The US regulator has called on standard setters to change their approach in
the design of accounting rules after criticising standards whose objectives are
sometimes ‘obscured by dense language, detailed rules, and numerous
The comments in a report – compiled by the Securities and Exchange
Commission’s Advisory Committee on Improvements to Financial Reporting – detail
recommendations which can be implemented by the SEC, the Financial Accounting
Standards Board and the Public Company Accounting Oversight Board.
The committee called for improved rules on off-balance sheet accounting and
fewer situations where alternative accounting standards exist for the same
Companies have also been told to provide better disclosure to investors about
what portion of their earnings constitutes cash or accrued income based on
historic cost accounting and what portion represents unrealised gains or losses
based on fair value estimates.
The committee’s report included recommendations about the use of technology
to benefit users, which were proposed in May, so as to allow investors access to
important information faster, more reliably and at a lower cost. US companies
will be required to provide such interactive data as early as next year.
Addressing concerns about the complexity of company filings, the Advisory
Committee recommended the inclusion of a short executive summary at the
beginning of a company’s annual report that would describe concisely the main
aspects of its business and its key performance metrics.
The committee also made a call for more investor participation in accounting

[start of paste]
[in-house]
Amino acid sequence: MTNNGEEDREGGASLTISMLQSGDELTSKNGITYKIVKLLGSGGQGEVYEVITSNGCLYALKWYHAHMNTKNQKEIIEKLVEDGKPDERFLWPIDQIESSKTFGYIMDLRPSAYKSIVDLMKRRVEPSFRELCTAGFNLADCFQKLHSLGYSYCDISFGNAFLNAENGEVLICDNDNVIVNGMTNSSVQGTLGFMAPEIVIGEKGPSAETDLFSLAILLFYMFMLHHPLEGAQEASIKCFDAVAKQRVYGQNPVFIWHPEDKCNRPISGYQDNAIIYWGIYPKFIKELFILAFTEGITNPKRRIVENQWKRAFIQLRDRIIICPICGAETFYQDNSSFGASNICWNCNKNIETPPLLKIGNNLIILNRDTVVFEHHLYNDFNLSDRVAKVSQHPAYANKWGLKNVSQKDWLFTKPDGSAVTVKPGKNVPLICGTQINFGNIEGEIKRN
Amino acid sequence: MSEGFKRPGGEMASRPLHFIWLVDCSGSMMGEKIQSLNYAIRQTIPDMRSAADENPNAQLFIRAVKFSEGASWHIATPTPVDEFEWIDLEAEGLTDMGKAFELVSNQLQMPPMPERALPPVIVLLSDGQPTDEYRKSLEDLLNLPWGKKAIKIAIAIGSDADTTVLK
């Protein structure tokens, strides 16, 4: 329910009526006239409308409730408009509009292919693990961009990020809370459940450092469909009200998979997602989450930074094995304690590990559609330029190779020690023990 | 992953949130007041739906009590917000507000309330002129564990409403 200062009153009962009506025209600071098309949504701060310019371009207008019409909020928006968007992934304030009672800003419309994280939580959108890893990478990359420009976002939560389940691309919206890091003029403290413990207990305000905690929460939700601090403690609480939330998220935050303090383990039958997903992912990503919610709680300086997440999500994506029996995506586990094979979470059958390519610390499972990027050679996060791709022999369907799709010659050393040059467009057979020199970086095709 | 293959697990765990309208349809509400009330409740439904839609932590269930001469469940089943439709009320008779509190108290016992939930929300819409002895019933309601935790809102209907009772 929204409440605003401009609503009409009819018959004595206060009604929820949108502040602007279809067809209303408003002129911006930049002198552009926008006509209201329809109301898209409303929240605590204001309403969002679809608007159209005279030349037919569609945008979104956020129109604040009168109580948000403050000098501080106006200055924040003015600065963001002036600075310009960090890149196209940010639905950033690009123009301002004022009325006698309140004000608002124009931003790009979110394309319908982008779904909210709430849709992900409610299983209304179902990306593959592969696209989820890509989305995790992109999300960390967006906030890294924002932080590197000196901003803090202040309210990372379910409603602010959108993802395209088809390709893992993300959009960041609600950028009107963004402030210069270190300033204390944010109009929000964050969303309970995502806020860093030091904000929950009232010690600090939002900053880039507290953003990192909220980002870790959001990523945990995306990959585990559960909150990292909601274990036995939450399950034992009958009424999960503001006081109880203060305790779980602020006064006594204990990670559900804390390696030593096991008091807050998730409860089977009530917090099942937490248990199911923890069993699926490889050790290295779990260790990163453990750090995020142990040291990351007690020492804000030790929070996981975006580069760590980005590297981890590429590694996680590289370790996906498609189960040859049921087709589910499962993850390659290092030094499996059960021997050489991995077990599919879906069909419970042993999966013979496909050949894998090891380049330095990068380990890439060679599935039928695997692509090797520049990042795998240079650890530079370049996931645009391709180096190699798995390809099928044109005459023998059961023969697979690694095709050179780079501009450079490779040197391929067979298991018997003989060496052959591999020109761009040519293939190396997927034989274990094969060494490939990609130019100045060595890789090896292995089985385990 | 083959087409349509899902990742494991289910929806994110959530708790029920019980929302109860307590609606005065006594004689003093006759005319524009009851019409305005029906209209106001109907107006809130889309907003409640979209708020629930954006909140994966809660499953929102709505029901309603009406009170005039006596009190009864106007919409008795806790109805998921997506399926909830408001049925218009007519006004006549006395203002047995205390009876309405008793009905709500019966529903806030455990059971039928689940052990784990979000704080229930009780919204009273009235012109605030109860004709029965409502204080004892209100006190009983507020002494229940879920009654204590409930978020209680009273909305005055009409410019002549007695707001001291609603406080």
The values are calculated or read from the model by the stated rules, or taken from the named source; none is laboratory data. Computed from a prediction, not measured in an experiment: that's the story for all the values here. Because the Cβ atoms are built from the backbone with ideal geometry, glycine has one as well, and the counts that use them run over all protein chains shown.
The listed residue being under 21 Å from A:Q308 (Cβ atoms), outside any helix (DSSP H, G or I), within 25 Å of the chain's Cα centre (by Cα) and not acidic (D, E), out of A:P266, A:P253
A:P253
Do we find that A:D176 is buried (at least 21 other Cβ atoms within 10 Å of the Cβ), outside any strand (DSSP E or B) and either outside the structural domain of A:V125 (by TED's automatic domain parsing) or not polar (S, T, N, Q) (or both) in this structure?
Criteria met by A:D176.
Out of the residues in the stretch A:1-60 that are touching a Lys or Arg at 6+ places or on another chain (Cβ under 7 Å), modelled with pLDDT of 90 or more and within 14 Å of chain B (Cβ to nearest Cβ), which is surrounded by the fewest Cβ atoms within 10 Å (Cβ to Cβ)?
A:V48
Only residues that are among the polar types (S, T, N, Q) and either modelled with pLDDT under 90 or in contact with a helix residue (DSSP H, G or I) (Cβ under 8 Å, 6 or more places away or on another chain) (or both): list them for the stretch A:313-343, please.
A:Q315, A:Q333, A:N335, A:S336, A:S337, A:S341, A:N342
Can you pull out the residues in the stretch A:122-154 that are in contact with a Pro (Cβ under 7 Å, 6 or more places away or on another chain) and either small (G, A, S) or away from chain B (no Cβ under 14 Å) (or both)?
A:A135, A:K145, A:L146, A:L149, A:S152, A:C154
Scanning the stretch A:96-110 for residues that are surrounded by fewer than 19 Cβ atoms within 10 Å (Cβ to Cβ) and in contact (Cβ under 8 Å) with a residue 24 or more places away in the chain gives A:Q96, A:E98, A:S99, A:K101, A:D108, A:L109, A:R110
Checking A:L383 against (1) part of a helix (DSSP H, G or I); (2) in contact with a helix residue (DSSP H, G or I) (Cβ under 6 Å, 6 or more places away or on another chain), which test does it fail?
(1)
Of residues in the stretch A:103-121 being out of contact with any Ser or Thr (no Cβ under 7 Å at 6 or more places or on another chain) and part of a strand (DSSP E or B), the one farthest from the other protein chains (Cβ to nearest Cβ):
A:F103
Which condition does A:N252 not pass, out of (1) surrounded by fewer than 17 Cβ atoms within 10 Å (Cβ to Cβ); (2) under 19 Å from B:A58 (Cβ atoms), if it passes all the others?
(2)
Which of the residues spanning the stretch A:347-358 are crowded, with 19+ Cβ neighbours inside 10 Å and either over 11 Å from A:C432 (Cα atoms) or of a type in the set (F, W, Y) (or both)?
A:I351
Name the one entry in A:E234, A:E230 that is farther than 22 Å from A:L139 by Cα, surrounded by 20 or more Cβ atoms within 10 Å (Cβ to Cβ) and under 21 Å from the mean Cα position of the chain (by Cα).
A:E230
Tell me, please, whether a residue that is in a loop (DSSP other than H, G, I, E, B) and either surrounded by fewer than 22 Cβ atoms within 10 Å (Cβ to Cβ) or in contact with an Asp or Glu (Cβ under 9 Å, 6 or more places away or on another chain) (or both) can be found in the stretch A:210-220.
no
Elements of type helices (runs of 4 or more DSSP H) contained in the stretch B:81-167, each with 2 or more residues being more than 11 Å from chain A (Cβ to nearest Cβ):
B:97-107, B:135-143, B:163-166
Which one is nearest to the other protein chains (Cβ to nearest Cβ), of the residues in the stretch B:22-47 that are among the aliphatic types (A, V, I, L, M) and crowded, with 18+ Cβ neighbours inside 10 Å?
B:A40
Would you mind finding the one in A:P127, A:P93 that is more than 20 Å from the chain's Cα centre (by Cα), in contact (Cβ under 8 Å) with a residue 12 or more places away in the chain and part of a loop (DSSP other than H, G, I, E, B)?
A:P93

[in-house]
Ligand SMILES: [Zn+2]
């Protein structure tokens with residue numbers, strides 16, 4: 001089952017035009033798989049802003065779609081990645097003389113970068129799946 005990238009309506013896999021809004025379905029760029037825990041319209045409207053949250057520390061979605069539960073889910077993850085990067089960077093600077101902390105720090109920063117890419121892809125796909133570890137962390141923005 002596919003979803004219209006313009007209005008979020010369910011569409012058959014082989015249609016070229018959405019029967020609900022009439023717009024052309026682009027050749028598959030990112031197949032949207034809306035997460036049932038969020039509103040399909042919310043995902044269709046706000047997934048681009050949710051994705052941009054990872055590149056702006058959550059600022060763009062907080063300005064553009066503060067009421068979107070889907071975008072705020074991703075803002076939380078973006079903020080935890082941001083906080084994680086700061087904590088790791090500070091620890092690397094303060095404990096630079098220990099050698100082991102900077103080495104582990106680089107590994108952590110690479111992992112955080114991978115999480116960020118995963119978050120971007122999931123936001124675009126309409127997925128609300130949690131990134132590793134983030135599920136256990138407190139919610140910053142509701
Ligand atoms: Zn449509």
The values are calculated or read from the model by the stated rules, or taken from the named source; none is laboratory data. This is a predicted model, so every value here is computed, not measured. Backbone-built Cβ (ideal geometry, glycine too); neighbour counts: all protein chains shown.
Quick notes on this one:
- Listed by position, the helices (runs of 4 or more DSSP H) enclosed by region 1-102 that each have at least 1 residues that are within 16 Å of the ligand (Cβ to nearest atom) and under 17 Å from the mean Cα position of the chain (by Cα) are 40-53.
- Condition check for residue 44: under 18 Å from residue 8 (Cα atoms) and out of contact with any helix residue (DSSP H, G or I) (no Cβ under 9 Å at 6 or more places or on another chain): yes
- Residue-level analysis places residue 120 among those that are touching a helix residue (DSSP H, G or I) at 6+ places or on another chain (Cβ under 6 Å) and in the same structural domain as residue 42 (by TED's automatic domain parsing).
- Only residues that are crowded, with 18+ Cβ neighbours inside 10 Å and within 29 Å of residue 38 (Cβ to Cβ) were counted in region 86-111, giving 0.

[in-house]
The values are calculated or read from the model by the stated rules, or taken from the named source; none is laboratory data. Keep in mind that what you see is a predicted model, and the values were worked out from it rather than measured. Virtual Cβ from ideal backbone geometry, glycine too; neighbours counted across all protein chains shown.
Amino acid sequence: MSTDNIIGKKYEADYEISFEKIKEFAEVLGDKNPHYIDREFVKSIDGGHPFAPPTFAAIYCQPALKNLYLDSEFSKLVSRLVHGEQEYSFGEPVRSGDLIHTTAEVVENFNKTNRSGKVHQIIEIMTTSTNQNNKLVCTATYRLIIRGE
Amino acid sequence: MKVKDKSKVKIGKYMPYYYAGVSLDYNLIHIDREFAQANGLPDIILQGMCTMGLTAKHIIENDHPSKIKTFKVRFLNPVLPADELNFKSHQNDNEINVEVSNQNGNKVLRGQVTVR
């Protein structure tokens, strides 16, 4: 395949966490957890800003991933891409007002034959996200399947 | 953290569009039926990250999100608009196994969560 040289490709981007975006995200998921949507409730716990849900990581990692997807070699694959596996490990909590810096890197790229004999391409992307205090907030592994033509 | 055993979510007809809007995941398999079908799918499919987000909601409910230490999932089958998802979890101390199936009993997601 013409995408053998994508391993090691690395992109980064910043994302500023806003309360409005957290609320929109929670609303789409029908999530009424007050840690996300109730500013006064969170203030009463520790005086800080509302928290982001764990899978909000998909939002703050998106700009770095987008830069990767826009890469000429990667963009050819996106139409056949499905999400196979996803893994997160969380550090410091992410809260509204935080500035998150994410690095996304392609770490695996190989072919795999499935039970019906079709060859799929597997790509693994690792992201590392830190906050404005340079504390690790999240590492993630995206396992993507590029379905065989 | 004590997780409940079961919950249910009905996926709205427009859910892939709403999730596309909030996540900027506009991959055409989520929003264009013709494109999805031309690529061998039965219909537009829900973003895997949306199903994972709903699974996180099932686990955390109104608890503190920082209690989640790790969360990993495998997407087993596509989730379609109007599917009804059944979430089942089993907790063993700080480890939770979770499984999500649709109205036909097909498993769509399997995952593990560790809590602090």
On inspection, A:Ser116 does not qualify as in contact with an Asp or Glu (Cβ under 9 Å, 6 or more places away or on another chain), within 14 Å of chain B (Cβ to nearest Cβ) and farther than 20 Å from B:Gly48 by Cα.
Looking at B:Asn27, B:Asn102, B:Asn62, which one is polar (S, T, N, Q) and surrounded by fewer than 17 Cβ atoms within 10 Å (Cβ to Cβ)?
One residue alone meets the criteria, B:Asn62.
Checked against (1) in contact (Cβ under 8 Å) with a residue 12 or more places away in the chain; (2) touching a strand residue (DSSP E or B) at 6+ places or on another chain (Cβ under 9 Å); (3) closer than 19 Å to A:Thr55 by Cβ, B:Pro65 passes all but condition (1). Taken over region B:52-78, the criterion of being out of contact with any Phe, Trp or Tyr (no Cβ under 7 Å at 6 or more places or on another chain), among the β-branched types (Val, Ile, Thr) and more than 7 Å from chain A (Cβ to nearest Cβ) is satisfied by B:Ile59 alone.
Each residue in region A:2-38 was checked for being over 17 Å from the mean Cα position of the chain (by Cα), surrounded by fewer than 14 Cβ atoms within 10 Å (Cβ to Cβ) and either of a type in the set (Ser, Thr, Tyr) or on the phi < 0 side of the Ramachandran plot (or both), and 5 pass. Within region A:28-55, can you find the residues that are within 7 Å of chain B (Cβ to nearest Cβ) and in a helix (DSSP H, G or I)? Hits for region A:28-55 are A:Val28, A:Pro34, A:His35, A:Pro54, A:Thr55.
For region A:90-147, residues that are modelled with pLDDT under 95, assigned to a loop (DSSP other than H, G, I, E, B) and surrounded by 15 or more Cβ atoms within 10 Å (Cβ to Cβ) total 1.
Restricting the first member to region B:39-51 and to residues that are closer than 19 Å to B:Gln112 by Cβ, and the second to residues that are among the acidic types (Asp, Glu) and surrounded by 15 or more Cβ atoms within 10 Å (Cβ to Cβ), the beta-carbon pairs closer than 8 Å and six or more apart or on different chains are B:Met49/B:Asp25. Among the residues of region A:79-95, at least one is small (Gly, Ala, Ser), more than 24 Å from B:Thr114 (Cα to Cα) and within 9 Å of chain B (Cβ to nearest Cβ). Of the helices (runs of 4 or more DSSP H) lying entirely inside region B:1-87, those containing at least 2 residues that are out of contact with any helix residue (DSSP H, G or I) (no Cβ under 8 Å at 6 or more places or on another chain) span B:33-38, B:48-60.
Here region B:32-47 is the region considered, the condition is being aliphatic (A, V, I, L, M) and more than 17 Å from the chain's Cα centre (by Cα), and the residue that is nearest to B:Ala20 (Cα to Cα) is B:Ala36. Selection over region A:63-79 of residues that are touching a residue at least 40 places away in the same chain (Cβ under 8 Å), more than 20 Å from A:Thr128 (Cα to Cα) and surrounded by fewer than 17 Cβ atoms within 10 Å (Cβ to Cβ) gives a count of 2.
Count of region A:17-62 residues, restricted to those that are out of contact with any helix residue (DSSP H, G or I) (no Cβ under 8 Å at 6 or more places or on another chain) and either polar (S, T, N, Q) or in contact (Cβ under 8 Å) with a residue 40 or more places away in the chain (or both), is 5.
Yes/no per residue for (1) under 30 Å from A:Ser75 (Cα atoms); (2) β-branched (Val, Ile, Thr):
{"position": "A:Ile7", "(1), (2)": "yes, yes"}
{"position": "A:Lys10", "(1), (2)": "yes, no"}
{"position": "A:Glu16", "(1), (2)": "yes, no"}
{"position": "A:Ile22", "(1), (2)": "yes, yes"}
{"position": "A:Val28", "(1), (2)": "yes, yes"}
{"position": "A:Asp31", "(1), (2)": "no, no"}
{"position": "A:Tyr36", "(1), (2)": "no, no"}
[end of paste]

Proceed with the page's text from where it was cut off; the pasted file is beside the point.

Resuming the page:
standard setting by increasing investor representation on the FASB and Financial
Accounting Foundation (FAF).
The SEC committee has also made recommendations to reduce the creation of
more US GAAP rules, in support of the FASB’s efforts to complete the
codification of all authoritative accounting literature into one document.
The committee also called for increased correction of accounting errors and
more disclosures about those corrections to investors but warned that the
correction of every accounting error should not automatically result in a
lengthy process of restating financial statements for several prior years.
The committee said that in the ‘dark period’ during restatements when
companies generally cease filing current financial reports, companies usually do
not provide investors with much information. The committee said it believes that
restatements of prior years should be undertaken for the correction of
accounting errors that are material to current investors.
SEC chairman Christopher Cox commended the work of the advisory committee. He
said: ‘I have asked the commission staff to immediately begin analysing these
recommendations, and to prepare regulatory actions based on them wherever
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